5. Query fragments
10m

Overview

In the last lesson, we learned how to use interfaces to define common attributes that are shared across different types. We also learned how to write queries for those common attributes.

But what happens when we try to write queries for other fields that are unique to a particular implementing type? For example, in Airlock, the Review.author field returns an object that implements the User interface, which can either be a Host or a Guest. Hosts and guests have some fields that aren't shared with each other, like Host.listings or Guest.funds.

We know that a field that returns an interface can return any object type that implements that interface. So how do we know what other fields will be on that returned object?

To answer that, we'll need another GraphQL tool: query fragments.

In this lesson, we will:

  • Learn about inline and named fragments
  • Learn how to query interfaces and implement object types using both inline and named fragments

Querying an interface's shared fields

We can query a field that returns an interface in the same way we've queried other types and fields.

We start with the query keyword, then the name of our query, followed by curly braces. Inside the curly braces, we can query for the fields outlined in the interface.

Let's look at an example query from Airlock. This query uses the me operation, which returns the logged-in User. We'll also ask for for the name and profilePicture fields, which are details that appear in Airlock's user profile page.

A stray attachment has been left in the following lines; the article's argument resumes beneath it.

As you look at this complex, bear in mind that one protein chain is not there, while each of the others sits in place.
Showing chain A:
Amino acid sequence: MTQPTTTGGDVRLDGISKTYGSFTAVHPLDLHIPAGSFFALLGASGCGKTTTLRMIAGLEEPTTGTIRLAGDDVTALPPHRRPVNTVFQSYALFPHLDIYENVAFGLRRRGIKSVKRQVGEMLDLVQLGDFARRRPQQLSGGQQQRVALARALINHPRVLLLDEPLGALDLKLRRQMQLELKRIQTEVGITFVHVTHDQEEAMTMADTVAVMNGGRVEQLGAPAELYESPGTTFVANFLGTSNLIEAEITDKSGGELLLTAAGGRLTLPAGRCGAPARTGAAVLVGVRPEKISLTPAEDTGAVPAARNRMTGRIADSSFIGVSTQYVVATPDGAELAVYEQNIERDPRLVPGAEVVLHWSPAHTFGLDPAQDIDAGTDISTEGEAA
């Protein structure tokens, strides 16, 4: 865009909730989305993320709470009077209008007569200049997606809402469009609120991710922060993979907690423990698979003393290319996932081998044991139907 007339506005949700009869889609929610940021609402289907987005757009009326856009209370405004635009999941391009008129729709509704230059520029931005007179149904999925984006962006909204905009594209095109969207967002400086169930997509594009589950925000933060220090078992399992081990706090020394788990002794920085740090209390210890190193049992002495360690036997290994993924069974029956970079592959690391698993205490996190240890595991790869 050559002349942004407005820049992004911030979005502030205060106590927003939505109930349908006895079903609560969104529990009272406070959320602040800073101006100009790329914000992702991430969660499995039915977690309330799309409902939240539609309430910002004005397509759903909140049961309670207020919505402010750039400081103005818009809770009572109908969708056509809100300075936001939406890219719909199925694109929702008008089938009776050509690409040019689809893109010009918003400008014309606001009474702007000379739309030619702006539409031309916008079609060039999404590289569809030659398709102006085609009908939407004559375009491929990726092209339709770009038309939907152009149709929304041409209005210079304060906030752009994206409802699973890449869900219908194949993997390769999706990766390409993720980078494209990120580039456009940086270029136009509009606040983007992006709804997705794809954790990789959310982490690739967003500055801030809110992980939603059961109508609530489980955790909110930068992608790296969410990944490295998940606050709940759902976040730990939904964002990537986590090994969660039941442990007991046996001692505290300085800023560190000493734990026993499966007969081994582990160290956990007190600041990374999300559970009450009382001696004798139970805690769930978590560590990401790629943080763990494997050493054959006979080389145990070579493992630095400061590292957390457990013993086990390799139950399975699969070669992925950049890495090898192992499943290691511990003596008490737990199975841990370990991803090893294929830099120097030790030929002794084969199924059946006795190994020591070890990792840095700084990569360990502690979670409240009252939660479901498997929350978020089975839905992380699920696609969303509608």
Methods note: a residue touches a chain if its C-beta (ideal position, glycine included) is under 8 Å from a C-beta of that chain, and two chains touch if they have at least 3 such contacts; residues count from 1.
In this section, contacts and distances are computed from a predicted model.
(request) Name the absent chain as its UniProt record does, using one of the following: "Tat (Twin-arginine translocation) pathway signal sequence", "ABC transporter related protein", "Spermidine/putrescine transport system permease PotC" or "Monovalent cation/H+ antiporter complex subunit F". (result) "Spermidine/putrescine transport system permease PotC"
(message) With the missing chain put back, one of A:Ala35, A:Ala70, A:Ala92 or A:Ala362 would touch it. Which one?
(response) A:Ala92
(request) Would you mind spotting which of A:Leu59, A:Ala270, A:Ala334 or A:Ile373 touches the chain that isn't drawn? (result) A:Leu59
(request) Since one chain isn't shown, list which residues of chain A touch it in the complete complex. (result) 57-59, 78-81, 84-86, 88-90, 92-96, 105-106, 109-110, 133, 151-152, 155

query GetMyProfile {
me {
name
profilePicture
}
}

The user profile page also shows additional information, depending on whether you're a host or a guest. For a host, we want to show their profile description. For guests, we want to show the current amount of funds they have in their wallet.

We can't add these fields right away to our query, because these fields belong to their specific Host or Guest type and the me field returns a User interface. If we tried to add the funds field to our existing query, we'd get an error, since the User interface doesn't have a funds field.

To query for the additional role-specific fields, we need to use a fragment.

GraphQL fragments

A GraphQL fragment is a subset of fields from an object type that you can reuse and share between multiple GraphQL operations.

Named fragments

To define a fragment, we start with the fragment keyword, then the name of the fragment (describing what it's for). Then, we add the keyword on, followed by the fragment's associated type. Inside the curly braces, we list the fields for that associated type.

fragment HostProfileFields on Host {
profileDescription
}
fragment GuestProfileFields on Guest {
funds
}

To use these fragments in our original query, we can include them in our field selection set. We do this by preceding the name of the fragment with three periods (...), similar to JavaScript's spread syntax.

query GetMyProfile {
me {
name
profilePicture
...HostProfileFields
...GuestProfileFields
}
}
fragment HostProfileFields on Host {
profileDescription
}
fragment GuestProfileFields on Guest {
funds
}

Note: You can test this query out in Apollo Studio Sandbox in the next section.

These fragments are named fragments, and they're useful for reusing between different queries.

Inline fragments

We can also achieve a similar query output with inline fragments. For this, we replace the named fragment in our query with the contents of the fragment itself, keeping our three periods (...), and then specifying the type name (on Host or on Guest). This is handy when we don't need to reuse a fragment between operations.

With inline fragments, the query looks like this:

query GetMyProfile {